This judgment was based on the reality that Americans, Republicans included, overwhelmingly believed that the Constitution protected slavery in the states where it existed. Moreover, except in extreme antislavery circles, owning slaves did not make a person a moral ogre or persona non grata in civil society. Additionally, the racial character of American slavery was of cardinal importance. In the mid-nineteenth century almost all white Americans and Western Europeans believed in the supremacy of the white race. I will not keep pointing out that this outlook is different from mine and that of our own era. I should not need to.
Before the Civil War, white southerners constantly talked about liberty—its preciousness and their commitment to it. They perceived no contradiction between their faith in liberty and the existence of slavery. From at least the period of the American Revolution, white southerners defined their liberty, in part, as their right to own slaves and to decide the fate of the institution without any outside interference. In their view, living in a slave society made them no less American than their fellow citizens in the free states. While such a concept is foreign to our thinking, it was fundamental to white southerners until 1865.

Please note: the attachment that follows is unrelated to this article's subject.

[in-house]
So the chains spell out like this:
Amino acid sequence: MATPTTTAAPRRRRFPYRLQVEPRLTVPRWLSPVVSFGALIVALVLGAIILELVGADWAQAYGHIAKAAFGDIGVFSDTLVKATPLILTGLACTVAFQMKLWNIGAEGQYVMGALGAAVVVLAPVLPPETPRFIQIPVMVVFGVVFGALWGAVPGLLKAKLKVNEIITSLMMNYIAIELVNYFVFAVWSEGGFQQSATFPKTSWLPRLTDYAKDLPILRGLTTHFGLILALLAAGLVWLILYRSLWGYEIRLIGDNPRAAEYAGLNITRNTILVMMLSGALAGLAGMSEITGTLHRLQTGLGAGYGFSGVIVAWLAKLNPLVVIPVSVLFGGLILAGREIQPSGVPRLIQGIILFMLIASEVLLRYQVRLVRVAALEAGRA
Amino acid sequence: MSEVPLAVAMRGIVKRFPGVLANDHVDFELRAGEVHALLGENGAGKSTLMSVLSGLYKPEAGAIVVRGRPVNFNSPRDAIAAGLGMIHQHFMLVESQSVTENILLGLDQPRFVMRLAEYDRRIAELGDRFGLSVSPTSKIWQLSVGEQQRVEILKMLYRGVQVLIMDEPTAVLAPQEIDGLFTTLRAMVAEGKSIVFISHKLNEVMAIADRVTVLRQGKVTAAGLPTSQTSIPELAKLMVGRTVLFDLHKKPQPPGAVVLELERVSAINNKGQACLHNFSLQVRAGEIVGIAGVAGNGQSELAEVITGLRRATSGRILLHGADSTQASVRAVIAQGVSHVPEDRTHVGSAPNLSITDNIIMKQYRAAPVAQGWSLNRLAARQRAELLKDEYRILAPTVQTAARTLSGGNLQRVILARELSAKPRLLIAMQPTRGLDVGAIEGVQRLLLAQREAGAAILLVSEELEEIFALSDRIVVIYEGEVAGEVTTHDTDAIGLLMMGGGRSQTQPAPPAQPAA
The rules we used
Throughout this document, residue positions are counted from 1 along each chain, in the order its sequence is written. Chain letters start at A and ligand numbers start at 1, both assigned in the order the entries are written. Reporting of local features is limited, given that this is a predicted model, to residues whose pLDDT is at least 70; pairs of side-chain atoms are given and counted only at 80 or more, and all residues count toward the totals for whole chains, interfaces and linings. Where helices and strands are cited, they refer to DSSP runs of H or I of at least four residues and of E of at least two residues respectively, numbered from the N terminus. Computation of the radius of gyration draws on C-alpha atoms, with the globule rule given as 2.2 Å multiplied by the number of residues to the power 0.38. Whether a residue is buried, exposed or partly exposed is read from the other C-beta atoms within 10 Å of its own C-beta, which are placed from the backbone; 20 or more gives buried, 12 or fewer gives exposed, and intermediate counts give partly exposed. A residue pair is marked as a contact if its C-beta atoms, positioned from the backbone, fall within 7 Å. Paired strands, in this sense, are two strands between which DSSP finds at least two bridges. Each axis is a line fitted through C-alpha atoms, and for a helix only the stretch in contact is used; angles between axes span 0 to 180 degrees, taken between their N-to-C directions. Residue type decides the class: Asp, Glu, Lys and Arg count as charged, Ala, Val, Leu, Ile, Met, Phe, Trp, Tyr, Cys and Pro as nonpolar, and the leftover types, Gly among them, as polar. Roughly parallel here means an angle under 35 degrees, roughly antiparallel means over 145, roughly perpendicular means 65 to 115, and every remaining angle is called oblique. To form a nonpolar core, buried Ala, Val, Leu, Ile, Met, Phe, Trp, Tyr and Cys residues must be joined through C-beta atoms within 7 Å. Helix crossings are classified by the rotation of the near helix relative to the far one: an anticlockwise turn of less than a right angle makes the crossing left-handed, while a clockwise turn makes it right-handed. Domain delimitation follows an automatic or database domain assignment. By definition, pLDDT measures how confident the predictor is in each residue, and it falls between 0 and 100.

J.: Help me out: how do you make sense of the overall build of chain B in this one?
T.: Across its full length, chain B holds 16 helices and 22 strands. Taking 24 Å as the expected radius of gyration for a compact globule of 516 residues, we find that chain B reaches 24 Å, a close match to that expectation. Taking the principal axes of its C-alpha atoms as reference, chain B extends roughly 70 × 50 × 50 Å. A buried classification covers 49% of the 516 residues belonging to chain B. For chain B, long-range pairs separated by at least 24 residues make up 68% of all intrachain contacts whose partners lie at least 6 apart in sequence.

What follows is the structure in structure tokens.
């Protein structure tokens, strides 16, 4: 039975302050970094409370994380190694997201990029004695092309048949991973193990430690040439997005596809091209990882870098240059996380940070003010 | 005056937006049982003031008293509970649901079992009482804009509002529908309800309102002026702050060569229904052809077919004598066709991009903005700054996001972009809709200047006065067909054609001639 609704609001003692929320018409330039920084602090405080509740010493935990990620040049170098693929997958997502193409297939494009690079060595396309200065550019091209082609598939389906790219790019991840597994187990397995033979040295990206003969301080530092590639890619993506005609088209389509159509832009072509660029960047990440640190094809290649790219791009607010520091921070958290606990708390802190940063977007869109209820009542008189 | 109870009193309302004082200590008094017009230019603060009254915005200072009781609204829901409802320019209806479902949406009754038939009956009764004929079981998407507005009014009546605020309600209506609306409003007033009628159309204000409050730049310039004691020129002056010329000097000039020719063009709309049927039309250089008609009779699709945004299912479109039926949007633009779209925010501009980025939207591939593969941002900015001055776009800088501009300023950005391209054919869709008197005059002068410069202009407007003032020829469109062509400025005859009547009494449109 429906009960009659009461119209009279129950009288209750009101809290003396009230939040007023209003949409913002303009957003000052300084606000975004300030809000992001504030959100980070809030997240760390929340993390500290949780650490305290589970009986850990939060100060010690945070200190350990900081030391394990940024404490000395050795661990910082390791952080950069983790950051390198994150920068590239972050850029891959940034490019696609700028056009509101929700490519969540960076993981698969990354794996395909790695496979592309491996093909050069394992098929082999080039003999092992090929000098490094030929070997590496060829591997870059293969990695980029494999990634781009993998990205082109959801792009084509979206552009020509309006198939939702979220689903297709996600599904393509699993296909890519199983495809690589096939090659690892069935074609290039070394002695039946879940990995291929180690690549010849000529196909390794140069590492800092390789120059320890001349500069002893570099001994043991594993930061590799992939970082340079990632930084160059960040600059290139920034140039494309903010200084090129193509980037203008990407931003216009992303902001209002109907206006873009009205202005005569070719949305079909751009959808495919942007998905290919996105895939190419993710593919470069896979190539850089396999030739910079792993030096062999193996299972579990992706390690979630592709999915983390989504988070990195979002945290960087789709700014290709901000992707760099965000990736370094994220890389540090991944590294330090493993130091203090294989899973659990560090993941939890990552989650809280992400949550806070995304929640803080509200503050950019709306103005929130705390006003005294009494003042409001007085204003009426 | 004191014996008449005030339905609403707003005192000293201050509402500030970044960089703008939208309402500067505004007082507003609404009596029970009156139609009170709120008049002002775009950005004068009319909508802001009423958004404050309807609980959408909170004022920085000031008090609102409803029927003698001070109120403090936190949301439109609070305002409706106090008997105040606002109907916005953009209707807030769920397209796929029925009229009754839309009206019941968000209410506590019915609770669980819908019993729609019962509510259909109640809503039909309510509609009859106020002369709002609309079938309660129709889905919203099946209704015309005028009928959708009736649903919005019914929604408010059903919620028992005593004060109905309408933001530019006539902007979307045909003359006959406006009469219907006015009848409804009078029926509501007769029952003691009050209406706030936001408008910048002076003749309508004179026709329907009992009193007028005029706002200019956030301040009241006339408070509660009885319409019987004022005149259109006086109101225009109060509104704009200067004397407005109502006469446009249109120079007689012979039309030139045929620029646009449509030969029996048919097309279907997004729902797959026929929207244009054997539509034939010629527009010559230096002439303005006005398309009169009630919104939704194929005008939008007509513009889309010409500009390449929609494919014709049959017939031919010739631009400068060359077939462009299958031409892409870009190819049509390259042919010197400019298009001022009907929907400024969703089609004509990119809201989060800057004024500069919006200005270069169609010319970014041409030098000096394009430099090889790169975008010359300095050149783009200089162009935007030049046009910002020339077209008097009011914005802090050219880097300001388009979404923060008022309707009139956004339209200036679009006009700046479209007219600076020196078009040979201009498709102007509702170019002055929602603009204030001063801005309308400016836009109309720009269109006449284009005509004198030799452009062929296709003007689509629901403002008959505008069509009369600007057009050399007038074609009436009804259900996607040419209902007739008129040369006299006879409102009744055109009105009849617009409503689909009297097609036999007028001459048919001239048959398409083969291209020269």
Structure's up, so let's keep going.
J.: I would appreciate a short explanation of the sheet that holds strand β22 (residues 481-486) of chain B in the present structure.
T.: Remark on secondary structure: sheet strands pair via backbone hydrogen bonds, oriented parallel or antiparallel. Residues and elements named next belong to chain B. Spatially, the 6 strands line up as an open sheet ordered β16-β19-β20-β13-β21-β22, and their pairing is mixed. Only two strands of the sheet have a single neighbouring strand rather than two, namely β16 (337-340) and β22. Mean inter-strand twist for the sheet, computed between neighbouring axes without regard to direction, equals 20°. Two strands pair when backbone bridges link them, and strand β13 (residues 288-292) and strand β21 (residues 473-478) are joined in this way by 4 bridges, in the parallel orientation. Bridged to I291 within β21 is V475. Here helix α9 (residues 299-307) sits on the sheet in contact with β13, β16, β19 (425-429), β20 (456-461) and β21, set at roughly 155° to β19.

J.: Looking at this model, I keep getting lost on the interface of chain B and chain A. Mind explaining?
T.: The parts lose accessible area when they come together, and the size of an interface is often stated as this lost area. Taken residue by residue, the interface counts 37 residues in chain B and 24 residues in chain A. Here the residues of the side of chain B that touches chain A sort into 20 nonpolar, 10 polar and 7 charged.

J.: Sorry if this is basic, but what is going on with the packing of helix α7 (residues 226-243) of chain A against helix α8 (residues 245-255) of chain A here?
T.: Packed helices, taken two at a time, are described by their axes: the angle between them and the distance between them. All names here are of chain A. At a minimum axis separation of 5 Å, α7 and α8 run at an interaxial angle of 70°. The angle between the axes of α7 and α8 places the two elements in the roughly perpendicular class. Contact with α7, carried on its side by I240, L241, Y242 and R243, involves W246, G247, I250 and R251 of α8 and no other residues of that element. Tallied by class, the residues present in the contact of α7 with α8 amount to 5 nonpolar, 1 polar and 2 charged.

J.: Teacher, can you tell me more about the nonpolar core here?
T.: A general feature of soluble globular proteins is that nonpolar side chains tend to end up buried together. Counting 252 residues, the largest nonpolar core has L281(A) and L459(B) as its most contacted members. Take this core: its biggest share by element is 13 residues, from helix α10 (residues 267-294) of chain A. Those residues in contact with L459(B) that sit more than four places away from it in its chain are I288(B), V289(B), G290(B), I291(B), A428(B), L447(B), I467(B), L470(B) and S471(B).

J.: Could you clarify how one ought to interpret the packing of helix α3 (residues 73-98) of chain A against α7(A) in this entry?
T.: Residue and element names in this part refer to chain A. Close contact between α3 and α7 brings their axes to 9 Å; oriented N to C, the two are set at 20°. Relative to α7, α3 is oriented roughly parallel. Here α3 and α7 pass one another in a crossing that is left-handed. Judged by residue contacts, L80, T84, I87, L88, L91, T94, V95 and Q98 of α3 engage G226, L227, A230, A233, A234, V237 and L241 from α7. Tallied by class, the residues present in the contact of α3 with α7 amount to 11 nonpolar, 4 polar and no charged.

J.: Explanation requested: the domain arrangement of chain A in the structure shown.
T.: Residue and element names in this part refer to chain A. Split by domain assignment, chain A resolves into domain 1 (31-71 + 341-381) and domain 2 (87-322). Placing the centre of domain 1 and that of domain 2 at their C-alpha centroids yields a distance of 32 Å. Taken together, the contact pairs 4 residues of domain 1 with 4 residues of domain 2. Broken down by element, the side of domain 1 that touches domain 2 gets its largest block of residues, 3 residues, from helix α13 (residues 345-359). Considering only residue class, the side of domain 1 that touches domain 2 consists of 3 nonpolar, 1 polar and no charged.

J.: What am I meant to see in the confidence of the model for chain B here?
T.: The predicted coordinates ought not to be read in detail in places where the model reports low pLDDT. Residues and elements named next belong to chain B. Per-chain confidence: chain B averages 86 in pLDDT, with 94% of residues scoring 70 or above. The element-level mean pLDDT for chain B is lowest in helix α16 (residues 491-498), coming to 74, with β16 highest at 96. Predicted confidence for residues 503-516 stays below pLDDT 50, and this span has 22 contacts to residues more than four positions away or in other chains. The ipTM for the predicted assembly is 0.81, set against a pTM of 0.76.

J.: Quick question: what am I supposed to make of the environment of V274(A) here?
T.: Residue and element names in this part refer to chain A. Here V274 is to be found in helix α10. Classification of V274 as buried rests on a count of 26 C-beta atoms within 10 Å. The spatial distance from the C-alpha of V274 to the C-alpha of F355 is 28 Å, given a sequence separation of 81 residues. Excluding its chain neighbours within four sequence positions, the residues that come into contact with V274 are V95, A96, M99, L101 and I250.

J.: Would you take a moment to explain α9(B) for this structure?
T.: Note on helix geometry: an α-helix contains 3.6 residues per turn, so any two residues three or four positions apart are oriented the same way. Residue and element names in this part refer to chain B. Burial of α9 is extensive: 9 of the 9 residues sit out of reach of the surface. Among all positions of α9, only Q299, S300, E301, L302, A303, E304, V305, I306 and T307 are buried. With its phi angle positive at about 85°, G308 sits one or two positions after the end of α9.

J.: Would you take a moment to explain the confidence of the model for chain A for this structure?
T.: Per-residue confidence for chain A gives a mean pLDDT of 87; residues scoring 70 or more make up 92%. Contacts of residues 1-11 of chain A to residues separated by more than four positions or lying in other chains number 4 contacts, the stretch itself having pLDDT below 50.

Writing a book about the coming of the Civil War, even one so chronologically restricted as mine, I place myself in a long line of historians who have grappled with the causes of the war. I owe an enormous debt to my predecessors, who have illuminated so many facets of the sectional struggle from abolition to secession. Answering the question of why the war came is not my aim. My goal is not so grand. I want to tell the story of those whose action and inaction brought the country to the precipice and finally over it.